What Matters Most to Patients and Rheumatologists? A Discrete Choice Experiment in Rheumatoid Arthritis.

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From: Advances in Therapy(Vol. 37, Issue 4)
Publisher: Springer
Document Type: Report
Length: 397 words

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Keywords: Conjoint analysis; Discrete choice experiment; Patient perspective; Preferences; Rheumatoid arthritis; Rheumatologist perspective; Rheumatology; Share decision Abstract Introduction To determine patient and rheumatologist preferences for rheumatoid arthritis (RA) treatment attributes in Spain and to evaluate their attitude towards shared decision-making (SDM). Methods Observational, descriptive, exploratory and cross-sectional study based on a discrete choice experiment (DCE). To identify the attributes and their levels, a literature review and two focus groups (patients [P]=5 rheumatologists [R]=4) were undertaken. Seven attributes with 2--4 levels were presented in eight scenarios. Attribute utility and relative importance (RI) were assessed using a conditional logit model. Patient preferences for SDM were assessed using an ad hoc questionnaire. Results Ninety rheumatologists [52.2% women mean years of experience 18.1 (SD: 9.0) seeing an average of 24.4 RA patients/week (SD: 15.3)] and 137 RA patients [mean age: 47.5 years (SD: 10.7) 84.0% women mean time since diagnosis of RA: 14.2 years (SD: 11.8) and time in treatment: 13.2 years (SD: 11.2), mean HAQ score 1.2 (SD: 0.7)] participated in the study. In terms of RI, rheumatologists and RA patients viewed: time with optimal QoL: R: 23.41%/P: 35.05% substantial symptom improvement: R: 13.15%/P: 3.62% time to onset of treatment action: R: 16.24%/P: 13.56% severe adverse events: R: 10.89%/P: 11.20% mild adverse events: R: 4.16%/P: 0.91% mode of administration: R: 25.23%/P: 25.00% and added cost: R: 6.93%/P: 10.66%. Nearly 73% of RA patients were involved in treatment decision-making to a greater or lesser extent however, 27.4% did not participate at all. Conclusion Both for rheumatologists and patients, the top three decision-making drivers are time with optimal quality, treatment mode of administration and time to onset of action, although in different ranking order. Patients were willing to be more involved in the treatment decision-making process. Author Affiliation: (1) Hospital de la Santa Creu i Sant Pau, Barcelona, Spain (2) Hospital Can Misses, Ibiza, Spain (3) Hospital Universitario y Politécnico La Fe, Valencia, Spain (4) HO&RWE Department, Lilly, Spain (5) Medical Department, Lilly, Spain (6) Outcomes'10, Castellón de la Plana, Spain (7) Department of Medicine, Jaume I University, Castellón de la Plana, Spain (j) lizan@outcomes10.com Article History: Registration Date: 02/10/2020 Received Date: 01/16/2020 Online Date: 02/22/2020 Byline: Cesar Díaz-Torné (1), Ana Urruticoechea-Arana (2), José Ivorra-Cortés (3), Silvia Díaz (4), Tatiana Dilla (4), José Antonio Sacristán (5), José Inciarte-Mundo (5), Marta Comellas (6), Miriam Prades (6), Luis Lizán (corresponding author) (6, 7, j)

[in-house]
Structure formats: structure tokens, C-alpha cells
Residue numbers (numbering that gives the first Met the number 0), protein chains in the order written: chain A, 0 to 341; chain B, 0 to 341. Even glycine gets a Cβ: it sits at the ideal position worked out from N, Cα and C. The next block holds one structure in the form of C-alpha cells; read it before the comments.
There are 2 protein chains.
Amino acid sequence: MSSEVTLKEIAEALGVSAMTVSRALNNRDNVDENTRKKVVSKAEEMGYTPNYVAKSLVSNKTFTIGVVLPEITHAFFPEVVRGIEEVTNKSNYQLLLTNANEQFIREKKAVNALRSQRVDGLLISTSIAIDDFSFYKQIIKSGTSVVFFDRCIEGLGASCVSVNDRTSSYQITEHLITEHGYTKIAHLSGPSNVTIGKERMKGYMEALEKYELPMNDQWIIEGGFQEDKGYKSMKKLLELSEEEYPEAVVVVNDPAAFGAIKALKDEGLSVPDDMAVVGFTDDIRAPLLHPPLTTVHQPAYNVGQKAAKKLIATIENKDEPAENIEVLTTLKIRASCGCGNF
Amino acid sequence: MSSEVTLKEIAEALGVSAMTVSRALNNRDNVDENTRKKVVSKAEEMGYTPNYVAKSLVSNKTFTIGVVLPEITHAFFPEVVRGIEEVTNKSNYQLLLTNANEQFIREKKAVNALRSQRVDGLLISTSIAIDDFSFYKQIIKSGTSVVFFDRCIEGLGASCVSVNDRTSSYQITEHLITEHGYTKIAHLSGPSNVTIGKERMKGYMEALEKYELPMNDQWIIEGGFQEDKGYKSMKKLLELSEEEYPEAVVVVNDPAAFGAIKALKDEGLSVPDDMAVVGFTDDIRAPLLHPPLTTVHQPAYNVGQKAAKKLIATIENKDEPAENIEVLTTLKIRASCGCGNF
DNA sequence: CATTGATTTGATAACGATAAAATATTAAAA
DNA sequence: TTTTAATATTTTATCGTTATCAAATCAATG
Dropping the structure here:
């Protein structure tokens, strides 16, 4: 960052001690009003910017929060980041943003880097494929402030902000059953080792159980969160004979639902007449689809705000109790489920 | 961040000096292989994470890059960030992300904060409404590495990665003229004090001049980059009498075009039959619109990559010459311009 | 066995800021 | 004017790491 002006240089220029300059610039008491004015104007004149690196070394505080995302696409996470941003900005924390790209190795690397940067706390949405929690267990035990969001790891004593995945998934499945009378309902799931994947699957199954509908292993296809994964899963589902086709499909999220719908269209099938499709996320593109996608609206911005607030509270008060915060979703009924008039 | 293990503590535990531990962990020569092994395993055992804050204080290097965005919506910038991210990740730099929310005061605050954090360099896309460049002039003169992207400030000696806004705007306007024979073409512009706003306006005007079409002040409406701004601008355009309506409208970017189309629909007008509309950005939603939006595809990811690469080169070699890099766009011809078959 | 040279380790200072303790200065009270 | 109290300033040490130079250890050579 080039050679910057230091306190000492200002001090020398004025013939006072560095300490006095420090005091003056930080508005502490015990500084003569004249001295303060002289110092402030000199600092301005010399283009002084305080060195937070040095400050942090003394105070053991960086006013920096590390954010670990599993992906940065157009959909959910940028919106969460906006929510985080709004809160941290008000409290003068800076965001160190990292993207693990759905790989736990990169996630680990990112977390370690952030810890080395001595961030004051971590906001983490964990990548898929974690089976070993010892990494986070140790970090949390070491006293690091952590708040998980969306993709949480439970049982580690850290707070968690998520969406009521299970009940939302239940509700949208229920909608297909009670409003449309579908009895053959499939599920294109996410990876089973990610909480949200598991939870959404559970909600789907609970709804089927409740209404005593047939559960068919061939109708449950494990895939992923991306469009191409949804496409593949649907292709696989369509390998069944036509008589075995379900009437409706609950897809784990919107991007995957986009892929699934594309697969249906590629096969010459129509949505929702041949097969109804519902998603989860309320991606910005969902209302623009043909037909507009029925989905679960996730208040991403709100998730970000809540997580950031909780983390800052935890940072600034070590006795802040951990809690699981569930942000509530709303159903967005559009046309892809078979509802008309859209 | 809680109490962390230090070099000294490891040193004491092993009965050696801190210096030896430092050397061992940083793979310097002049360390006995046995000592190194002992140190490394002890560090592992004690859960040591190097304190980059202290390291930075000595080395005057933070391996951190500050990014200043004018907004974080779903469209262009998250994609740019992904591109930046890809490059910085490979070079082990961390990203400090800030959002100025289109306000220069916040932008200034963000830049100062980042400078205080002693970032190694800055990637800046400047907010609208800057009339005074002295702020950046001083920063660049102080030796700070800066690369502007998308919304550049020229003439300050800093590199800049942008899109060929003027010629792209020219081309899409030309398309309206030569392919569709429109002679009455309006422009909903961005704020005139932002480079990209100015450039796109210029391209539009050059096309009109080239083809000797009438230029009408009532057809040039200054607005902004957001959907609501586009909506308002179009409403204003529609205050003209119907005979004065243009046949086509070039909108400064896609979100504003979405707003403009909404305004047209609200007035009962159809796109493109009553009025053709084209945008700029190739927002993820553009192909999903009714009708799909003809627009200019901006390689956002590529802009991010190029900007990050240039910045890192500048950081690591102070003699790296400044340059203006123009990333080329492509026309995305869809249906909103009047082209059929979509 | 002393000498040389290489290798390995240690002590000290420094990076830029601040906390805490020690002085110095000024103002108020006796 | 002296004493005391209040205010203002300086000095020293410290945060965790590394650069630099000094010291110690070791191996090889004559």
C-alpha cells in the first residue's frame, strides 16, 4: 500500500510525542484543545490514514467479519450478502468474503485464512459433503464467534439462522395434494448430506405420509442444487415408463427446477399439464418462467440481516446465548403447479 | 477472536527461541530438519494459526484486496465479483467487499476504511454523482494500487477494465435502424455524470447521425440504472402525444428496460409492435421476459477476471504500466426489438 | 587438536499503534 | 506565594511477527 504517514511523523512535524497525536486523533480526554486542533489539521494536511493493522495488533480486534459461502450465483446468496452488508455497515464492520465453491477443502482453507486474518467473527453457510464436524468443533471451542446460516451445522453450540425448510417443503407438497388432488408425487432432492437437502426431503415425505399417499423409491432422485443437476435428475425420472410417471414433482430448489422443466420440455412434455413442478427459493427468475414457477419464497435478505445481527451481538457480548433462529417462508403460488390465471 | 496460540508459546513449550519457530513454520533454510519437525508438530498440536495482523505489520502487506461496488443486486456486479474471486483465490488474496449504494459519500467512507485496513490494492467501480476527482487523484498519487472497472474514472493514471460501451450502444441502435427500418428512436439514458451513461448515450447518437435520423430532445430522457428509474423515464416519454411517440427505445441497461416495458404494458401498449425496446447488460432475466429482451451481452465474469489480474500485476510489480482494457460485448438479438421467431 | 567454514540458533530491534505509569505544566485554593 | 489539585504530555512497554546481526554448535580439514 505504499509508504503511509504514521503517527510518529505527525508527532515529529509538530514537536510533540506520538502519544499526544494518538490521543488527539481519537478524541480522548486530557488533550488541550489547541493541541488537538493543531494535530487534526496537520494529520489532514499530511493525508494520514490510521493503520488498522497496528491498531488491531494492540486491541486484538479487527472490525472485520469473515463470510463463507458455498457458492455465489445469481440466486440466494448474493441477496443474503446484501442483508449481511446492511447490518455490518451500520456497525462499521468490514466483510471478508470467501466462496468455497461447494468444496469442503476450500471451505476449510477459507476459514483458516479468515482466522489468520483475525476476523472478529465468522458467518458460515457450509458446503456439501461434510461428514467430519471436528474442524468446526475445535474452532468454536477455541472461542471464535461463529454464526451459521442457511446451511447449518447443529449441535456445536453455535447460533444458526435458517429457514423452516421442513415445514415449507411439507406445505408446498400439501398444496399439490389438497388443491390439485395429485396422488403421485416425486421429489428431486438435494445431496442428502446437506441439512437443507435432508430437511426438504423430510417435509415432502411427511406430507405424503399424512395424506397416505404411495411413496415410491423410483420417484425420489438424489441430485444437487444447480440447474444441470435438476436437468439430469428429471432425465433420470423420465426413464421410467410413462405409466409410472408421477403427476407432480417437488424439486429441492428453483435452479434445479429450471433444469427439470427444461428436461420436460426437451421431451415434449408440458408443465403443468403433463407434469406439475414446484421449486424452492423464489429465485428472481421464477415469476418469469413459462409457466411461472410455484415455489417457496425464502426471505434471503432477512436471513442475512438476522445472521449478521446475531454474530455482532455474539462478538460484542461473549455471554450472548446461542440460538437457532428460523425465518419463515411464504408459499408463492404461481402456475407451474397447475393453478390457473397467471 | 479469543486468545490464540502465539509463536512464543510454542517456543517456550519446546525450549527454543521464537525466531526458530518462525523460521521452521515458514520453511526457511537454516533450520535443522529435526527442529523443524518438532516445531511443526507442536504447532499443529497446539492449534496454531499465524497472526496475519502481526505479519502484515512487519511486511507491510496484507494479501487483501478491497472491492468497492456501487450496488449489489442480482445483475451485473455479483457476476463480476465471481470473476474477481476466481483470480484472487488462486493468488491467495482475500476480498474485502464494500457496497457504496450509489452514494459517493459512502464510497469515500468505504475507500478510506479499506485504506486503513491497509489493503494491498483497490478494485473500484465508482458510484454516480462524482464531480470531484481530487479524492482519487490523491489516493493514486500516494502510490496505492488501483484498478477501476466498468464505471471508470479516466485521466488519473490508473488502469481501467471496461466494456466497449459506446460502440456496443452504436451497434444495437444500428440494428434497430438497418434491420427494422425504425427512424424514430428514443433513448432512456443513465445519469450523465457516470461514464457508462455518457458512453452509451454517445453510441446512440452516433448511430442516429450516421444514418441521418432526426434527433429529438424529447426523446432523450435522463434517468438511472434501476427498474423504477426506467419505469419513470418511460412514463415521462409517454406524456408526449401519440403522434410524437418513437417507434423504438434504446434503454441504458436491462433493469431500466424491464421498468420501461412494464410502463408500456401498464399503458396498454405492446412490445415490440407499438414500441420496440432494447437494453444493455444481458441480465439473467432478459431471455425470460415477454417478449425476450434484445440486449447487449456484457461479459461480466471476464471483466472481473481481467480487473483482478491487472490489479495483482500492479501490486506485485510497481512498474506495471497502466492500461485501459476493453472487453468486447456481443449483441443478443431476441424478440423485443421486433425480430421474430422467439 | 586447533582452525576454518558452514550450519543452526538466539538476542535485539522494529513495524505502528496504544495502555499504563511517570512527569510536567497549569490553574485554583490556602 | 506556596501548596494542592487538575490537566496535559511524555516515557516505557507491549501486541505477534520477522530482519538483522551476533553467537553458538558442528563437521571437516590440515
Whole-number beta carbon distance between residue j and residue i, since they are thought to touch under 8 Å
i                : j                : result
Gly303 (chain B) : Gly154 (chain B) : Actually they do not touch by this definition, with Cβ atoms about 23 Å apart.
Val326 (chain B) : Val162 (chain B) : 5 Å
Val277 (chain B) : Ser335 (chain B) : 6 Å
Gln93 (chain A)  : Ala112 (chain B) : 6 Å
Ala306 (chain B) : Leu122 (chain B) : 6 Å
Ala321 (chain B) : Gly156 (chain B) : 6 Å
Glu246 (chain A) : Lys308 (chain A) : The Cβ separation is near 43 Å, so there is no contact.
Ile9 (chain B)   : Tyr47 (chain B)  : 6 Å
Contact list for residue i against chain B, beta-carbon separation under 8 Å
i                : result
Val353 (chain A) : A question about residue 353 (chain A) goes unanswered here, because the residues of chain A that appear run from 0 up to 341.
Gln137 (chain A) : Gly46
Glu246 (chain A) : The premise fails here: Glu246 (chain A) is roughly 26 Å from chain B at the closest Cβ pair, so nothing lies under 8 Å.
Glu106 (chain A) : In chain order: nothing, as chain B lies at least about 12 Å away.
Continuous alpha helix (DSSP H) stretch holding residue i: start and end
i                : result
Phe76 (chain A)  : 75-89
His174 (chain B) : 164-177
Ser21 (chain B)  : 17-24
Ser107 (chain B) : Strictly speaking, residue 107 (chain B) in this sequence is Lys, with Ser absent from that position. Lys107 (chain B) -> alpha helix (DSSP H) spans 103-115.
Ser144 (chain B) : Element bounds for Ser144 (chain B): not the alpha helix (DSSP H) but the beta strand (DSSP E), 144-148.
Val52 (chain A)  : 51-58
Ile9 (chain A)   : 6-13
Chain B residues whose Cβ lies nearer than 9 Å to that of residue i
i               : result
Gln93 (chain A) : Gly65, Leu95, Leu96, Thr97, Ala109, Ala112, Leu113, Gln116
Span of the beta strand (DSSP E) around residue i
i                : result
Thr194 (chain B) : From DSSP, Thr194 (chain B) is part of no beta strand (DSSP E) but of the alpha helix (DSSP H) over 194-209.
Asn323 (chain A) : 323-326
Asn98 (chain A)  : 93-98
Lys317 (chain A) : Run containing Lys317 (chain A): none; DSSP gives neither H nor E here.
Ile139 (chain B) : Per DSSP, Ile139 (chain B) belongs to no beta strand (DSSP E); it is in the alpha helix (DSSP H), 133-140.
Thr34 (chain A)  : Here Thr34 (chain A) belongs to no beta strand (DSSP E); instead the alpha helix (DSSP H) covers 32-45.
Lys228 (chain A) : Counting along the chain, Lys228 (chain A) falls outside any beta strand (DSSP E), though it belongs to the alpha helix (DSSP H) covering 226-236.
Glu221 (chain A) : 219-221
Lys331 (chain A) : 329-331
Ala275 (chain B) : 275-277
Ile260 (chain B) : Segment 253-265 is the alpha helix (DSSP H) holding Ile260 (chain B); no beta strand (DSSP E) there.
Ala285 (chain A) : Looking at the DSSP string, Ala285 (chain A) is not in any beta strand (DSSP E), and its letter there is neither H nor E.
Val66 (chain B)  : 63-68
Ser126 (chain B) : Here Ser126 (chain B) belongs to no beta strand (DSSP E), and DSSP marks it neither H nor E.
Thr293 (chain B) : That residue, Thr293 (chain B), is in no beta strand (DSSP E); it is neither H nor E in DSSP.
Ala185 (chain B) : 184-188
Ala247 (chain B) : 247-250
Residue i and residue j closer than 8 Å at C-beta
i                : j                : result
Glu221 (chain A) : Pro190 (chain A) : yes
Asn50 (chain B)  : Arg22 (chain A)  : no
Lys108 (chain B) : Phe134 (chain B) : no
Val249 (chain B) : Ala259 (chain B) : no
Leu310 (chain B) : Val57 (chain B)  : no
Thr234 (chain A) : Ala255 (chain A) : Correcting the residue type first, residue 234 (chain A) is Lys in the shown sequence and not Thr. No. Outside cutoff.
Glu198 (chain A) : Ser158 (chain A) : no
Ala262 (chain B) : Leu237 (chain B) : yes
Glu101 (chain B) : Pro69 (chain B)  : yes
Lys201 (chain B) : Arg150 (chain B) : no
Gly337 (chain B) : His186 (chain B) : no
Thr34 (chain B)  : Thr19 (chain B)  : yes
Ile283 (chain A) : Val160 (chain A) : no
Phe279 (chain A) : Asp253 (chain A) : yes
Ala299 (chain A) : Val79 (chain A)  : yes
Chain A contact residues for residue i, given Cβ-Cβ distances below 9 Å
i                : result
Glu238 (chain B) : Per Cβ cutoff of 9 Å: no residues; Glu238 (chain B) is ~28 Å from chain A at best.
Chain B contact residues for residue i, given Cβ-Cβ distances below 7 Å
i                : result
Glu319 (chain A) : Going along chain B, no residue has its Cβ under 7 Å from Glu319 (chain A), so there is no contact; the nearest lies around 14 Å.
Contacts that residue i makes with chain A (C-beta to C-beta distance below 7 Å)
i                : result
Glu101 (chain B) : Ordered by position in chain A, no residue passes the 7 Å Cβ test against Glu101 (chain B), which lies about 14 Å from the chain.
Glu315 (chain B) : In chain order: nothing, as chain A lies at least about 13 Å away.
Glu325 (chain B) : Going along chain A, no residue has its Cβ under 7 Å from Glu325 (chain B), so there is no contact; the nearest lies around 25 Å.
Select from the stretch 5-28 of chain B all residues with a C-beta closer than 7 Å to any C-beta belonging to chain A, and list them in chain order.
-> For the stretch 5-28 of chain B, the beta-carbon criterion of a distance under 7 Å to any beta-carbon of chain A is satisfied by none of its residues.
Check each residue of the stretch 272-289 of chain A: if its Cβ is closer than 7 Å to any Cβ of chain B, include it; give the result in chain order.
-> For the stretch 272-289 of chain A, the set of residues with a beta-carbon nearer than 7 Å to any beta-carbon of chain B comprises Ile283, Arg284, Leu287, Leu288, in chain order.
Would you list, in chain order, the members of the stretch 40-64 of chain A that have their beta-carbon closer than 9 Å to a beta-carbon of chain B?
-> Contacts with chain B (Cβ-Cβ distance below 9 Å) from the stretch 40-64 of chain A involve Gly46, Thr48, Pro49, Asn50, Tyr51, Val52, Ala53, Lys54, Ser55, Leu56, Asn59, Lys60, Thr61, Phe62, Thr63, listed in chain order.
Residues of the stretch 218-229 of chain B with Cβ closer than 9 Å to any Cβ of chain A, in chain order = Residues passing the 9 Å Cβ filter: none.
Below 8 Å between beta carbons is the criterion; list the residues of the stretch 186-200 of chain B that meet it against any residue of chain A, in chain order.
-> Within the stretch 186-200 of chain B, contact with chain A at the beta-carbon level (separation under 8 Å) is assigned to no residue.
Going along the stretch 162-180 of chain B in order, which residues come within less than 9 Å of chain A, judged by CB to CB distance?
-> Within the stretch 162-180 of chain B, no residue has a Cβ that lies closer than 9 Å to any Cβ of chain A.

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Gale Document Number: GALE|A628275211